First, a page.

Intertemporal Economics

Don't Stand So Close to Me: Social Distancing and the U.S. economy

Conference call with Brian Pellegrini

Brian’s analysis centred on the dangers of recycling pre-built econometric models to estimate the impact of COVID-19 on the US economy. In Brian’s view, the economics profession has a bad habit of extensively studying events soon after they occur and then moving on and forgetting the topic. Once the topic comes up again, in this case pandemics, economists use findings from the prior round of study to generate forecasts. In 2020, economists drew heavily from research conducted in the mid-2000s on the potential impact of an influenza pandemic. Taking these pre-built models and applying them across countries has led to horrible predictions.
Brian reviewed the many ways in which differing lifestyles, city planning and medical systems have affected the outcomes of COVID epidemics in various countries. Specifically, low population density, higher air quality and an outpatient-centric medical system help mitigate the risks of COVID for the US. In addition, the US is among the best prepared for a ‘Work From Home’ revolution, which positions its service-centric economy well in any extended lockdown situation. The risk of serious recession in the US has been greatly overstated.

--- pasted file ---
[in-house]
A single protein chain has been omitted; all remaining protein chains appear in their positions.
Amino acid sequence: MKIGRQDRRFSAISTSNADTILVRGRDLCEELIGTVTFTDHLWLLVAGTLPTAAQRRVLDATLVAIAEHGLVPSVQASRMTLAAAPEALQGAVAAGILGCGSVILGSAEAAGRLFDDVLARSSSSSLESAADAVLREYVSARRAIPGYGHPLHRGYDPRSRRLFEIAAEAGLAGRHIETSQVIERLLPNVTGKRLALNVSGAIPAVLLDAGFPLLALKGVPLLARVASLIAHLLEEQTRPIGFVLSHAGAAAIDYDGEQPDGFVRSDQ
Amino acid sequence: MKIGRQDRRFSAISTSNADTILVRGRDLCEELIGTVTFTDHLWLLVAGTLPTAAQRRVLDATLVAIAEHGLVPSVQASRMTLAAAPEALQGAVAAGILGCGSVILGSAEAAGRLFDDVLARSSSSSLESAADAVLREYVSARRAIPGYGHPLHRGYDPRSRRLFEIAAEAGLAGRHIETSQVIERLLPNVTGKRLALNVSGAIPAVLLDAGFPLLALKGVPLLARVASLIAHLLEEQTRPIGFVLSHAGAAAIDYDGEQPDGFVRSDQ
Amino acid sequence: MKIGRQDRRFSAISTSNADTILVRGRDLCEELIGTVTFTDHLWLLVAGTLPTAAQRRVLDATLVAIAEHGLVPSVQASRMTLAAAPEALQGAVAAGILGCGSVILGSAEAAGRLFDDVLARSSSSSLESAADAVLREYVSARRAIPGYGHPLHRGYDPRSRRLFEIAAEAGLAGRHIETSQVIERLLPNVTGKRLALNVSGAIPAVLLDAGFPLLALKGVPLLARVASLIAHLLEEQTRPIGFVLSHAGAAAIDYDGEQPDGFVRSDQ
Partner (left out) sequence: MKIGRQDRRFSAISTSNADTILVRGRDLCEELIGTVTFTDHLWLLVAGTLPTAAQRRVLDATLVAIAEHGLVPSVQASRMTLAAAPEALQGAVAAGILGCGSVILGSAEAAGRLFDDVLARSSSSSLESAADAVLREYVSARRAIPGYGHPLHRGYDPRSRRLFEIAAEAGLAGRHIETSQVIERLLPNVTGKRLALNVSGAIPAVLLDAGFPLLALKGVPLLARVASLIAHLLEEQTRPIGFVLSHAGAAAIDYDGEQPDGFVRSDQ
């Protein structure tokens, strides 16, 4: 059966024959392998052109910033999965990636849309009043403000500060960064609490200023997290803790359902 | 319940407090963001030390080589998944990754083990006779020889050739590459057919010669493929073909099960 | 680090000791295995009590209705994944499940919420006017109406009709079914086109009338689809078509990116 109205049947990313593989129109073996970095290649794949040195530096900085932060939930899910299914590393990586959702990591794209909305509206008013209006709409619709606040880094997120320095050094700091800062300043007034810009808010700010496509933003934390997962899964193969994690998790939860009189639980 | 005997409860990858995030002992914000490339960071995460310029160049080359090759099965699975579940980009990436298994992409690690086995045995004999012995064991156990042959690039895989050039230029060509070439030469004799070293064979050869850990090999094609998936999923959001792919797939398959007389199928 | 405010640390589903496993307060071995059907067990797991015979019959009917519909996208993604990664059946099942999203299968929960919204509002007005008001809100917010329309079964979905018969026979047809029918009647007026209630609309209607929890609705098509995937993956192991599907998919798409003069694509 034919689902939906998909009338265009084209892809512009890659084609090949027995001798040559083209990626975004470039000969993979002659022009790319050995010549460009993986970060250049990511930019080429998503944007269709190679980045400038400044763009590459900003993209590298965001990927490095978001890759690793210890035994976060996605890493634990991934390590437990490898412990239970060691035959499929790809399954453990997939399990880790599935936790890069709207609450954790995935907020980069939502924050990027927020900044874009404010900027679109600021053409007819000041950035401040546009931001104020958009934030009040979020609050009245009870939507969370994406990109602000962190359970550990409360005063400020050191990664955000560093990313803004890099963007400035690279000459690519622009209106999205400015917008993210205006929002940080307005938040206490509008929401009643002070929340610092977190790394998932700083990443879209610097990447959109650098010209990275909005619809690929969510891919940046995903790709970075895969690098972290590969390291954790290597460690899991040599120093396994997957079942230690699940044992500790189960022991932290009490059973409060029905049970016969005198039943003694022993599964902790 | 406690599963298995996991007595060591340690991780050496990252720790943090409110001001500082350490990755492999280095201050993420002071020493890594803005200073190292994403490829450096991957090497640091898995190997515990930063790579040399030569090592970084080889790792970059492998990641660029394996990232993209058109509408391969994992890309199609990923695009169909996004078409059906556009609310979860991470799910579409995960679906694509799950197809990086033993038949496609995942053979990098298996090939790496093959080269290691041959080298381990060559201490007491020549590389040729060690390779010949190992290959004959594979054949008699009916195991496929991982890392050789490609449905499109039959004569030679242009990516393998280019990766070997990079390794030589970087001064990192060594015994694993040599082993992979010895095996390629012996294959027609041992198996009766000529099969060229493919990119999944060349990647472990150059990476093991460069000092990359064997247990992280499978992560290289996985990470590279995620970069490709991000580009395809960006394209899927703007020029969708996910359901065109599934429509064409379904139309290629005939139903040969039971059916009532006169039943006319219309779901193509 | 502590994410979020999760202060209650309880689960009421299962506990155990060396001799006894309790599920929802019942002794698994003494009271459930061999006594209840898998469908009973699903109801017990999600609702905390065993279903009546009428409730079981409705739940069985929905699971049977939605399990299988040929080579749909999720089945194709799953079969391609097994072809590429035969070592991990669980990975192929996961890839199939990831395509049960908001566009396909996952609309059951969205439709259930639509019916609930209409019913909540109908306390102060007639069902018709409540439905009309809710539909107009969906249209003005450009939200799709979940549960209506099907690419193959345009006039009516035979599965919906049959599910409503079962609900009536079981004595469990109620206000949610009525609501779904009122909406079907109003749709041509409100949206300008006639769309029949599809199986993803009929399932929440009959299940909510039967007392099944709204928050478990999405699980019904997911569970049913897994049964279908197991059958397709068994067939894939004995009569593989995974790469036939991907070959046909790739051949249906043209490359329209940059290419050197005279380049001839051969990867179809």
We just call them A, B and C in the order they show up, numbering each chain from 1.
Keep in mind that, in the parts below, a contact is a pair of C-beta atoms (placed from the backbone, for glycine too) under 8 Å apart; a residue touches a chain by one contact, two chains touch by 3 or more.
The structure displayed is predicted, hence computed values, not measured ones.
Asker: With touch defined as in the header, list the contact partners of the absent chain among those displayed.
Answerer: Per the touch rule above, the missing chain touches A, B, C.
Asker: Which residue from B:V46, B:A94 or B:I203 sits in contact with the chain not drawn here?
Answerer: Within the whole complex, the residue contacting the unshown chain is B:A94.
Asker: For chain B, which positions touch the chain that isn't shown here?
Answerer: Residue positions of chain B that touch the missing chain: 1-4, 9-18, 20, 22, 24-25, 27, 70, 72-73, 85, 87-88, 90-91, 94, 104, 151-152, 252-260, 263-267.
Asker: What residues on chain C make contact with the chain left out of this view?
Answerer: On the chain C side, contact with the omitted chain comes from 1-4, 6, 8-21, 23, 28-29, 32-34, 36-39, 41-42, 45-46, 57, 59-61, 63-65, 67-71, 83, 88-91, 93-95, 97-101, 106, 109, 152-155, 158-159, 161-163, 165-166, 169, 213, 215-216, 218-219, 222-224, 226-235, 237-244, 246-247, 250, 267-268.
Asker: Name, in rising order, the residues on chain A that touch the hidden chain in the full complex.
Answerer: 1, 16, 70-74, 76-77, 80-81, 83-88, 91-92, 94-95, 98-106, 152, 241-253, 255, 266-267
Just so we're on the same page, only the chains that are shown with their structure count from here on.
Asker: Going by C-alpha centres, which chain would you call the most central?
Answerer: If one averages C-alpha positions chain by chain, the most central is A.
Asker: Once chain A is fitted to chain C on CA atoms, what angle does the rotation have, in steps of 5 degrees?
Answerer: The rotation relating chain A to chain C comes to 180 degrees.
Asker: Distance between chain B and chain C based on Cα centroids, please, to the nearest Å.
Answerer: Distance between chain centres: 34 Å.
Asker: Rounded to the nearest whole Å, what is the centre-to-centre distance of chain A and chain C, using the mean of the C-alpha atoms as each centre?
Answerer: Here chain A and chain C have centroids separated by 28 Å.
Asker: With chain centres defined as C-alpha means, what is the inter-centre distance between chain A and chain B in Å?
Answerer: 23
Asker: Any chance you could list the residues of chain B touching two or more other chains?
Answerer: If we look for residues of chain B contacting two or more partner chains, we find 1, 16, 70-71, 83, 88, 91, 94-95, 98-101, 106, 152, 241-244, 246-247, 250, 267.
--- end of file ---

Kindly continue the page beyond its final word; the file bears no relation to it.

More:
Brian’s presentation closed with what he believes will be the most impactful and lasting effect of COVID - political economics. Brian’s research has found that epidemics are generally more psychological events than they are real economic disturbances. Damage is done by changes in behaviour that increase risk premiums. Epidemics come in three phases. The first is panic, the second is the actual outbreak of disease and the third is recriminations. The world is now entering phase three and a political bargaining process is taking place to see who will get stuck holding the bag. In the US, the battle lines are young vs. old and urban vs. rural. That presents a severe political problem for Trump because his voting base is older and more rural than average. As a result, Trump - among many other world leaders - has been ramping up nativist rhetoric. The battle line Trump wants to create is domestic vs. China, which is the one area of politics where a majority of Americans agree and are growing increasingly anti-China across parties.